Digital library launches without Boston celebration


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    A photo in the new Digital Public Library of America shows a group of women marching for equal rights at the Democratic National Convention in St. Louis (undated). From the Laura Clay Photographic Collection (University of Kentucky Special Collections Library).


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    Still from a home movie of a baseball game between African American employees of the Pebble Hill Plantation and another neighboring plantation, Thomas County, Georgia, 1919?. Pebble Hill Plantation Film Collection, Walter J. Brown Media Archives and Peabody Awards Collection, University of Georgia Libraries.


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    Harvey Gantt being interviewed upon entering Clemson College as the first African American student in 1963. From the Clemson University Photographs collection at Clemson University Libraries Special Collections.

Dakota quillwork leather vest (1890-1899), Minnesota Historical Society. Part of the Minnesota Digital Library's exhibition, "A History of Survivance: 19th c. Upper Midwest Native American Resources in the DPLA."

An event planned for today to launch the new Digital Public Library of America has been postponed, due to the bombings in Boston earlier this week. But the ambitious online archive will go live as planned.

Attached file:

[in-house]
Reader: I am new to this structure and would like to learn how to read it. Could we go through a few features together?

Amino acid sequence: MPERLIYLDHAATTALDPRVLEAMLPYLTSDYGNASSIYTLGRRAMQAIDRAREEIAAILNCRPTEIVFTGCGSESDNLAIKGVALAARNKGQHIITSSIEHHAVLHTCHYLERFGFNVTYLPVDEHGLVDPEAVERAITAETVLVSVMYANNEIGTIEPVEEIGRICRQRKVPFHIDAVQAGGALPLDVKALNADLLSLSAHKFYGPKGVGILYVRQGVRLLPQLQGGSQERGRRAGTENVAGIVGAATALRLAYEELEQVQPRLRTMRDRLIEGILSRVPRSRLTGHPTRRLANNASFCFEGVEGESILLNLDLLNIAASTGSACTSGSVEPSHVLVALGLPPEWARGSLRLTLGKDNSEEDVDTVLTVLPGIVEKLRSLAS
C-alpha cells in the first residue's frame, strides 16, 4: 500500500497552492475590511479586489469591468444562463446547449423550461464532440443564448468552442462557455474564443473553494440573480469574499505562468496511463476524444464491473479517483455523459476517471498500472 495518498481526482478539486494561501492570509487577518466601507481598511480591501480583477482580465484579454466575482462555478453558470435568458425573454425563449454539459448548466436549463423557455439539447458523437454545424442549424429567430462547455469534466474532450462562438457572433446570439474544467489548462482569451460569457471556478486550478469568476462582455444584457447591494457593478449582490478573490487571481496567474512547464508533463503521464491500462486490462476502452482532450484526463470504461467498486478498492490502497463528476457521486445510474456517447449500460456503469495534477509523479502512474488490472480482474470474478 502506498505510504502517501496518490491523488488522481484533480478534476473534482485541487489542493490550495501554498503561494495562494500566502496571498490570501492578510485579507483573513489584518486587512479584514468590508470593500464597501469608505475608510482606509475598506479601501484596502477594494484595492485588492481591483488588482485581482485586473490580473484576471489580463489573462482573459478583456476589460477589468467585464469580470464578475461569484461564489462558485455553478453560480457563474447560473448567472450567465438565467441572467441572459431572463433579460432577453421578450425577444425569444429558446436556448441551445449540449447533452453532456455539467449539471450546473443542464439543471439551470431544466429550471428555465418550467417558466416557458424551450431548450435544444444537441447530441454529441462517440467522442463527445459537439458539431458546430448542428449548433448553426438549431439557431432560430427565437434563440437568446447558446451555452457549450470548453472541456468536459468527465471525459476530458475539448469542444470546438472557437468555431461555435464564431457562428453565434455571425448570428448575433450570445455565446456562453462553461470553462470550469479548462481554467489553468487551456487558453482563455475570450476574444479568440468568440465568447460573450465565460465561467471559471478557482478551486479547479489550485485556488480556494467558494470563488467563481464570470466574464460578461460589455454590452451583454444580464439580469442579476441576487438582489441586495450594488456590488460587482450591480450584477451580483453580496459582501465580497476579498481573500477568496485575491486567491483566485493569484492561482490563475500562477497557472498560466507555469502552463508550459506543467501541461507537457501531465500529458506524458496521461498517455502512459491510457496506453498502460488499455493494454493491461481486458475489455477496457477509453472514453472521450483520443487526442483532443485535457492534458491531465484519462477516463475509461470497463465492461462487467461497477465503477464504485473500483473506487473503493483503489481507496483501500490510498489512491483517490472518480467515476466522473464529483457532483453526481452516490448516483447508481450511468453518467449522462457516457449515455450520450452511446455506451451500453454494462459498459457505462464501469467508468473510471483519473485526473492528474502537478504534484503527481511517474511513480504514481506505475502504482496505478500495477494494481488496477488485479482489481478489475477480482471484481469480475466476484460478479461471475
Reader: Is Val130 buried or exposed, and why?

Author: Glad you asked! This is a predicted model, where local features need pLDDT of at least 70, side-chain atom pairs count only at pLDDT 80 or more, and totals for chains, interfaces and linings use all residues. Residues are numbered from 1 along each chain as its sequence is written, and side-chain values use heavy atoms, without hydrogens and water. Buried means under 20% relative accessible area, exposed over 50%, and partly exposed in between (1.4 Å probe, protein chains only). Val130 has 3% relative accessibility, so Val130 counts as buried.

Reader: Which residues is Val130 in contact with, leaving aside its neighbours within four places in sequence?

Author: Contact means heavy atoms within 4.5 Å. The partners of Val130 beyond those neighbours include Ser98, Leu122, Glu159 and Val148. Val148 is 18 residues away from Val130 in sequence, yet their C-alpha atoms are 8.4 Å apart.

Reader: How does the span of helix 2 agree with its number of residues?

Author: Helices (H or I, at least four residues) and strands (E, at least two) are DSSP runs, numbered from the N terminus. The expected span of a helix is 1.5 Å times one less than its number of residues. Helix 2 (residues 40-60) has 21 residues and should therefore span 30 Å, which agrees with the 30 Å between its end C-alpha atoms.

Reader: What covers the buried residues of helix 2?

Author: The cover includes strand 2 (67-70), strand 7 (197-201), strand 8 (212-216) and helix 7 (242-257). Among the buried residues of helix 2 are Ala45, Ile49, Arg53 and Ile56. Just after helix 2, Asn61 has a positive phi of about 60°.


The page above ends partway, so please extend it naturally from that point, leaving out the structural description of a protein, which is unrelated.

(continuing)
To see some of the 2.4 million archival materials going online today, you once would have had to go to a special collections room at a research library and don a pair of white cotton gloves.

As of 12pm eastern time today, you can just type dp.la into your browser.

“For the first time, ordinary people will be able to actually see material that had been kept behind closed doors and out of reach of the public,” says Robert Darnton, university librarian at Harvard. Its contributions to the digital library include the first daguerreotypes of the moon and scores from Mozart and Schubert.

The goal is a single portal to access digitized content from collections across the country, says David Ferriero, archivist of the United States, “which is going to have a huge impact on how researchers -- and anyone who’s curious -- goes about finding information in the future.”

Some librarians worry the new library could hurt traditional ones.

“We don’t want funders -- particularly folks at the state or local level -- to think that ‘oh now we have this big digital library in the cloud, we don’t need to support our public libraries,’” says Ken Wiggin, state librarian for Connecticut.

“We in the library field and all of our supporters have to do the very best we can to help the funders and decision makers understand that this is an enhancement and not a replacement for today’s library,” says Maureen Sullivan, president of the American Library Association.

Traditional libraries, Sullivan says, offer programs and services -- and an atmosphere -- you can’t get online.

About the author

Amy Scott is Marketplace’s education correspondent covering the K-12 and higher education beats, as well as general business and economic stories.

Dakota quillwork leather vest (1890-1899), Minnesota Historical Society. Part of the Minnesota Digital Library's exhibition, "A History of Survivance: 19th c. Upper Midwest Native American Resources in the DPLA."

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